Name Change

Generally, under Minnesota law, people can change their legal name through marriage, divorce/legal separation, or by filing a name change action in court. 

Generally, under Minnesota law, people can change their legal name through marriage, divorce/legal separation, or by filing a name change action in court. Changing a legal name through any of those processes requires that you do specific things. The process of filing a name change action involves filling out court forms, appearing before a judge, and it may also involve notifying third-parties. If you do not understand how to fill out the forms and follow the court procedures, you should talk to a lawyer. There may also be Self Help Centers in the Courts where you could get help with the forms and court procedures.

Who May Apply for a Name Change?

Under Minnesota law, to apply for a legal name change the person must:
  • have lived in the State of Minnesota for a least six (6) months before filing the application;
  • file the Application for Name Change in the county where the applicant currently lives;
  • be at least 18 years old (a parent, legal guardian, or next-of-kin may apply on behalf of a minor child); and
  • pay the court filing fee or get a Fee Waiver.
FRAUD: You cannot change your name to avoid paying debts, to avoid being sued, or to avoid being arrested or charged with a crime. This would be the same as having a "fraudulent intent" to change your name.

PRIVACY: With some exceptions, the public can generally access court files. Any information in your name change file will be accessible unless the court determines that the name change is made in connection with participation in a victim or witness protection program.

MINOR NAME CHANGE: Minn. Stat. § 259.10 requires that both parents have notice of an Application for Name Change of their minor child filed with the court. The applicant must show proof that the non-applicant parent(s) have been served with a Notice of Hearing, or if the non-applicant parent cannot be served, then the applicant must publish the Notice of Hearing in the legal newspaper of the county of the non-applicant parent’s last known address. If the non-applicant parent is not known, the applicant must bring a certified copy of the birth certificate to the court hearing to show the judge that the non-applicant parent’s name does not appear on the birth certificate.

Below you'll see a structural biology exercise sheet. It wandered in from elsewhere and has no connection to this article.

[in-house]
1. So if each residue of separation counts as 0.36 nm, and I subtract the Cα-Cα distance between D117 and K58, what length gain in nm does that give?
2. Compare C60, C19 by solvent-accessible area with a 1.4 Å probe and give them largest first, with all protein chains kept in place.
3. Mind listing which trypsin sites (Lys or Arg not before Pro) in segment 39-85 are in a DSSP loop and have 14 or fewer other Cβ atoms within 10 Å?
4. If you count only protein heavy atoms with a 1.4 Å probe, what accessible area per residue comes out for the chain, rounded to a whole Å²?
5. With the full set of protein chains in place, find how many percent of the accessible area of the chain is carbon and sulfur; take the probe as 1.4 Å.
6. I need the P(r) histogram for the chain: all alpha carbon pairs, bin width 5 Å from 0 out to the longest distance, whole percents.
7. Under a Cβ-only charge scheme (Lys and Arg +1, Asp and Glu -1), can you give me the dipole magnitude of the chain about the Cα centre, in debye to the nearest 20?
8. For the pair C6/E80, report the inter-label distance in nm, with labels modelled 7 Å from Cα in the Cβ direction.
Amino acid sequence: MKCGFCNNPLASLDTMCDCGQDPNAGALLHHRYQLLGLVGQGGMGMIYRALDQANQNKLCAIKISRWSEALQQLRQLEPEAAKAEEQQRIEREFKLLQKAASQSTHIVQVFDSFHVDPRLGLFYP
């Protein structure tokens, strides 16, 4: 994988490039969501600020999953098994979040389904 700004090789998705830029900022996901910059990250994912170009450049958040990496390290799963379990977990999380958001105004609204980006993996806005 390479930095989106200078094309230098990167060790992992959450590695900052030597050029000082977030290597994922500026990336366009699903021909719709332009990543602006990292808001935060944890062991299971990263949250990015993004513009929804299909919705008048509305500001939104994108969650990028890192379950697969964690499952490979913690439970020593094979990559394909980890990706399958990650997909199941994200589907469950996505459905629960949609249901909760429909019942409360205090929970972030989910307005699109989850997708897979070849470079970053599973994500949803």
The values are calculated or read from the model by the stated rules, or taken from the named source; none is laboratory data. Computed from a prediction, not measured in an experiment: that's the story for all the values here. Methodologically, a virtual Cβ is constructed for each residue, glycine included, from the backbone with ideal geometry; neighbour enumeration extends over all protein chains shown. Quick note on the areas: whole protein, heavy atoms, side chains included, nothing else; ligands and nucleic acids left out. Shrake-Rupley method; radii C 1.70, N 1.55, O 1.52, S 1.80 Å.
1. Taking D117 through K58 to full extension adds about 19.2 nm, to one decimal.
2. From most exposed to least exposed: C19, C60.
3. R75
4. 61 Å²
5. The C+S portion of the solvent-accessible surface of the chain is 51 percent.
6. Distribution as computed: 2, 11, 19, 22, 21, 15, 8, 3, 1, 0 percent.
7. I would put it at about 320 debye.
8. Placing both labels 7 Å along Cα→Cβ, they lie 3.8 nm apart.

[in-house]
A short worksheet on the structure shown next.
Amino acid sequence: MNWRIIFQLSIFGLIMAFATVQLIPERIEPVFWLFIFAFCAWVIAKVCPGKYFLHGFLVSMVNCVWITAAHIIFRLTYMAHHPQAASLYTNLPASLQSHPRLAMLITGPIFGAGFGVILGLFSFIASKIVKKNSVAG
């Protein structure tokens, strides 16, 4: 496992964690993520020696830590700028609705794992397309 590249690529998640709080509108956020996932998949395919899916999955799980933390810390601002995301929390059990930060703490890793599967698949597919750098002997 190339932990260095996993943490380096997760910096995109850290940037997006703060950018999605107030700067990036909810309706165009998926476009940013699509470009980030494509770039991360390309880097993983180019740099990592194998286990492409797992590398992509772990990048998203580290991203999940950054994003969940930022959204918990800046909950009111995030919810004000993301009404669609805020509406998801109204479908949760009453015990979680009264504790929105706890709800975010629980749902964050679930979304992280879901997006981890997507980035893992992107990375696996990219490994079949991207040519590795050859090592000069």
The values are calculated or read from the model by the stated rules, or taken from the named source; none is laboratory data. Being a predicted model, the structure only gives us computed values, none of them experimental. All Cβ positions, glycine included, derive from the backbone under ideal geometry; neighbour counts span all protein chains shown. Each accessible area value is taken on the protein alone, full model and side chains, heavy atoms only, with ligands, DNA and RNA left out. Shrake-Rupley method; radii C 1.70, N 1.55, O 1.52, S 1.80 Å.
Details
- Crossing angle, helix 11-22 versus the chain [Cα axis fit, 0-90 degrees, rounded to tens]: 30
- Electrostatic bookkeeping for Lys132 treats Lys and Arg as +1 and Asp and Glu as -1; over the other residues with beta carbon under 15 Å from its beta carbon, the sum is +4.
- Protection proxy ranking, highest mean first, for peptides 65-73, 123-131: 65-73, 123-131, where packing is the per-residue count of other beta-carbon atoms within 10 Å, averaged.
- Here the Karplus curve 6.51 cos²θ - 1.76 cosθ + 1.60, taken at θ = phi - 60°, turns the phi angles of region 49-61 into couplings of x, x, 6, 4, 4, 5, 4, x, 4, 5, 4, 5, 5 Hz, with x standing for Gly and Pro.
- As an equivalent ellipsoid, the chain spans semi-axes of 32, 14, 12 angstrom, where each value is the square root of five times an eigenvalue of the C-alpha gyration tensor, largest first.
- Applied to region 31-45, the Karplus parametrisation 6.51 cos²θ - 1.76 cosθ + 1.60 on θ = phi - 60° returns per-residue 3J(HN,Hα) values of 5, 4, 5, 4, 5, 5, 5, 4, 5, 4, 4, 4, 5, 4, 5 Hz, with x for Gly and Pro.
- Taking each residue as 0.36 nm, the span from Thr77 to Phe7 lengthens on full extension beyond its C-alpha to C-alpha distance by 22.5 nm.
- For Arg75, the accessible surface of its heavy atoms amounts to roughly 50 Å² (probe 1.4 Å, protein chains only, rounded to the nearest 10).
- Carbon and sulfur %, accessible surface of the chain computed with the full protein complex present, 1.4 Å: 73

How Do I Apply for a Name Change?

Download and read the complete set of Instructions for Name Change (Adult or Minor).

If you are eligible to apply for a name change in the State of Minnesota, you must file an "Application" and other forms with the District Court in the county where you live. Depending on your situation, you may also have to notify third-parties. 

File your forms with Court Administration, including the Criminal History Check Release form. You will need to pay a filing fee or request a Fee Waiver based on low income. When you file the forms with the court, the court administrator will give you a hearing date and time for when you must appear before a judge or will tell you how to schedule your hearing. NOTE: If you are asking to change the name of a minor, you must give notice of the hearing date and time to the non-applicant parent(s). Save that date on your calendar. For information on how to prepare for a hearing, see Tips for Representing Yourself in Court

Go to court for the hearing. The applicant must bring two witnesses to appear in court who can testify about the applicant's identity. If the application for a name change is made on behalf of a minor (under the age of 18), the minor must be present at their court hearing.

If the judge approves the Application, the judge will sign an Order Granting Name Change. The Order will be entered into the court's record and you may get certified copies of the Order from the court administrator for a fee. NOTE: You will need certified copies of the Order to change important documents such as a driver's license, a Social Security card, and bank accounts. It is a good idea to keep at least one certified copy of the name change order with your personal records.

The judge may order you to notify certain public agencies, officials, or other third-parties about your new legal name, or you may want to do so for other purposes. See the What to Do After a Name Change tab for more information on notifying others about a name change.

How Do I Change a Birth Certificate?